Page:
Aspects of data science at Redback Technologies

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Smart solar inverters can be used to store, monitor and manage a home’s solar energy.

We describe a smart solar inverter system with battery which can either operate in an automatic mode or receive commands over a network to charge and discharge at a given rate. In order to make battery storage financially viable and advantageous to the consumers, effective battery scheduling algorithms can be employed. Particularly, when time-of-use tariffs are in effect in the region of the inverter, it is possible in some cases to schedule the battery to save money for the individual customer, compared to the “automatic” mode.

We describe a novel battery scheduling algorithm for residential consumers of solar energy.

We also outline future research directions for the Redback Technologies Research Centre in the Network Intelligence area.

 



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  • Staff House Road
  • The University of Queensland
  • Brisbane, Queensland
  • Australia 4072
  • Building: 49
  • Room Number: 502
  • Co-sponsored by ITEE PES Group
  • Starts 29 March 2019 10:56 AM
  • Ends 02 April 2019 10:56 AM
  • All times are Australia/Queensland
  • No Admission Charge
  • Register


  Speakers

Richard Bean of Redback Technologies

Topic:

Aspects of data science at Redback Technologies

Smart solar inverters can be used to store, monitor and manage a home’s solar energy.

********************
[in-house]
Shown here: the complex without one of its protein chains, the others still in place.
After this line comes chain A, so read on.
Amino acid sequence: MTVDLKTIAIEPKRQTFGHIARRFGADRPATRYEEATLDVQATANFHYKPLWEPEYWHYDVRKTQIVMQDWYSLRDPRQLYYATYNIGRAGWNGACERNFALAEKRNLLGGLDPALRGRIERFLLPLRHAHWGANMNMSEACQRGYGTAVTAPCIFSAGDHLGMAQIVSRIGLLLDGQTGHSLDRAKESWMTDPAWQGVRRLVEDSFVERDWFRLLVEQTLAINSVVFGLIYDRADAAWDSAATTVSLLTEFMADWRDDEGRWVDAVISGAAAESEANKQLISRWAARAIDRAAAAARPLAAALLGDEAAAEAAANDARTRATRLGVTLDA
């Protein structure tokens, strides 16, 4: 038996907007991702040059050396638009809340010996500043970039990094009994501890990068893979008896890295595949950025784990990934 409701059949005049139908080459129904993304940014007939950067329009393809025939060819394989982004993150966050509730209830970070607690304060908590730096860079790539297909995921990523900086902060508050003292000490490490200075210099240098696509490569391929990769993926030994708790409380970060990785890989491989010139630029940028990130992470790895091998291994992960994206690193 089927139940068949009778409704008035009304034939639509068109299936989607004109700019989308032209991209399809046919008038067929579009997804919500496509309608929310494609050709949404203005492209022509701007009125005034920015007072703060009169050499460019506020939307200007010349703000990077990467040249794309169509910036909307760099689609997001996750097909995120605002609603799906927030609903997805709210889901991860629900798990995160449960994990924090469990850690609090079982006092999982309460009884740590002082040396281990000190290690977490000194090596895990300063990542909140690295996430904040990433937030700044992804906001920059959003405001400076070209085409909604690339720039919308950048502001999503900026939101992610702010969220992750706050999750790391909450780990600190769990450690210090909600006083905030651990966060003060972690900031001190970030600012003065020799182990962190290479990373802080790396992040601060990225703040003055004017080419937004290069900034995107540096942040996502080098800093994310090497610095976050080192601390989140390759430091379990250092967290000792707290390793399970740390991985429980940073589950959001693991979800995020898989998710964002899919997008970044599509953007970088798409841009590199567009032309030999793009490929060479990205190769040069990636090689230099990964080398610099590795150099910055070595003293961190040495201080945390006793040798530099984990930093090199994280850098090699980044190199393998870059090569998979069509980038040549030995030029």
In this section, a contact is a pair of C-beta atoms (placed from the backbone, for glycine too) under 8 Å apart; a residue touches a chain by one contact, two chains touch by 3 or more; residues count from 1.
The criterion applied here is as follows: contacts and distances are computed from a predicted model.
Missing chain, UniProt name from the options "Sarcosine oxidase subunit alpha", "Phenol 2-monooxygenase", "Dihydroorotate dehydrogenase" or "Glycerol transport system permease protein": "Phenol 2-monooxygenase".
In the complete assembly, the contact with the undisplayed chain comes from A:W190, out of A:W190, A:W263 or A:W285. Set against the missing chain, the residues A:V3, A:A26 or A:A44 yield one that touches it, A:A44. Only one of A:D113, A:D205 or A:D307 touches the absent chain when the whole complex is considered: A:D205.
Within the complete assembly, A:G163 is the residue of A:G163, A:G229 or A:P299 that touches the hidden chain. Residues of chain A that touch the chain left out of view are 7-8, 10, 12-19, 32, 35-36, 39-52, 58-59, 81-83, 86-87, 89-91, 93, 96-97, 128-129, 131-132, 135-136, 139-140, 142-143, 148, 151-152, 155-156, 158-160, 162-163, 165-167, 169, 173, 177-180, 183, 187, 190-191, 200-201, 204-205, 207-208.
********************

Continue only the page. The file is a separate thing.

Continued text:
We describe a smart solar inverter system with battery which can either operate in an automatic mode or receive commands over a network to charge and discharge at a given rate. In order to make battery storage financially viable and advantageous to the consumers, effective battery scheduling algorithms can be employed. Particularly, when time-of-use tariffs are in effect in the region of the inverter, it is possible in some cases to schedule the battery to save money for the individual customer, compared to the “automatic” mode.

We describe a novel battery scheduling algorithm for residential consumers of solar energy.

We also outline future research directions for the Redback Technologies Research Centre in the Network Intelligence area.

Biography:

Richard received his B. Sc. (Hons) and Ph. D. in mathematics from the University of Queensland in 1997 and 2001, respectively.

Since then, he has worked in academic research, government and industry positions in Iran and Australia. He has worked in research in combinatorics and statistics, for Queensland Health in public health research roles, and in energy market consulting (ROAM Consulting) and energy market operation (Australian Energy Market Operator). He has also performed research into bike sharing schemes with the School of Geography, Planning and Environmental Management at UQ.

Since July 2016, he has worked as a data scientist at Redback Technologies, developing algorithms for forecasting load and solar energy, and optimization techniques.